A Textbook Case
Jedediah Purdy is a legal academic probably best known for his work in environmental law, and his just-published Two Cheers for Politics (Basic Books, 2022) shows his wide knowledge of political philosophy. But a central argument of the book is a textbook case of a fallacy to which Ludwig von Mises was keen to call our attention.
Purdy says that “rule by equals is the keystone of democracy. The core question of politics is who has the power to make a shared world. The democratic answer is that the people who live with those choices should control them and that majorities are the best stand-in for the whole people” (p. 12). The power and influence of rich people threatens democracy, and for that reason, an essential aspect of democracy is keeping this group under strict control. “Democracy’s moral authority starts from the principle that we should shape our interdependence in a way that gives equal weight to everyone who lives with the outcome and, in class societies, gives decisive weight to middling people or the poor, cutting back domination of politics by the wealthy” (p. 127).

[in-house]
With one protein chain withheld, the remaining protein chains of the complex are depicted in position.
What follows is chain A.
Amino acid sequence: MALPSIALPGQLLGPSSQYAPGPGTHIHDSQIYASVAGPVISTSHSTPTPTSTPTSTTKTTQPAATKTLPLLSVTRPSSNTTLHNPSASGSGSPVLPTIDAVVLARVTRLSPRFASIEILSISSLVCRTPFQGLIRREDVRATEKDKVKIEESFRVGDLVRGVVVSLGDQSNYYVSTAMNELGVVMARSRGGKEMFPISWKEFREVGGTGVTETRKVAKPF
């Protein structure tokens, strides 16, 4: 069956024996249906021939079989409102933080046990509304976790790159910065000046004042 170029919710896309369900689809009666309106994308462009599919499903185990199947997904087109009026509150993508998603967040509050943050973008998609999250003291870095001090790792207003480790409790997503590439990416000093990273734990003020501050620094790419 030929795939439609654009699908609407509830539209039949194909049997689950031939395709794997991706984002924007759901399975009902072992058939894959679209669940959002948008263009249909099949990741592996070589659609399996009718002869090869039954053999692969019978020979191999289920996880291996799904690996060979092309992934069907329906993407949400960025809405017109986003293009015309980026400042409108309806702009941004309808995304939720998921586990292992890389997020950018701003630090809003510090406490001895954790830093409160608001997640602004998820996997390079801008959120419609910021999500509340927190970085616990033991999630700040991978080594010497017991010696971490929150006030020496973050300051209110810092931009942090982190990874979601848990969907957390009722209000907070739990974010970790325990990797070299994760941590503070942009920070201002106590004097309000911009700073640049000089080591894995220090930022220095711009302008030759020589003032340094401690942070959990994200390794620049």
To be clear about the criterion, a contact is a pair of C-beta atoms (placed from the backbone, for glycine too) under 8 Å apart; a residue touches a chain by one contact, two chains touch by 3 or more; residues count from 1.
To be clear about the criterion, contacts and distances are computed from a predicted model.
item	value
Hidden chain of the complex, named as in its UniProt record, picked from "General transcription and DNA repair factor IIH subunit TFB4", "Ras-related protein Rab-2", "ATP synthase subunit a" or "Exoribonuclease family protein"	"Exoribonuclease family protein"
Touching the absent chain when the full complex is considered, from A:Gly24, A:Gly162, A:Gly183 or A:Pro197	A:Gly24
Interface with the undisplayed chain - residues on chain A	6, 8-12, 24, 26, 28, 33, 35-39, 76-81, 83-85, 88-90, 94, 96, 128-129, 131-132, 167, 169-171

I don’t propose to criticize this notion of democracy here—for that task readers can consult Hans Hoppe’s Democracy: The God That Failed—but rather to identify an assumption that underlies Purdy’s application of his notion of democracy to economics. This assumption is that the principles of economics leave substantial leeway for democracy to improve the lives of the poor and middle class beyond what can be achieved on the free market. If, for example, the democratic majority decides that workers shoul
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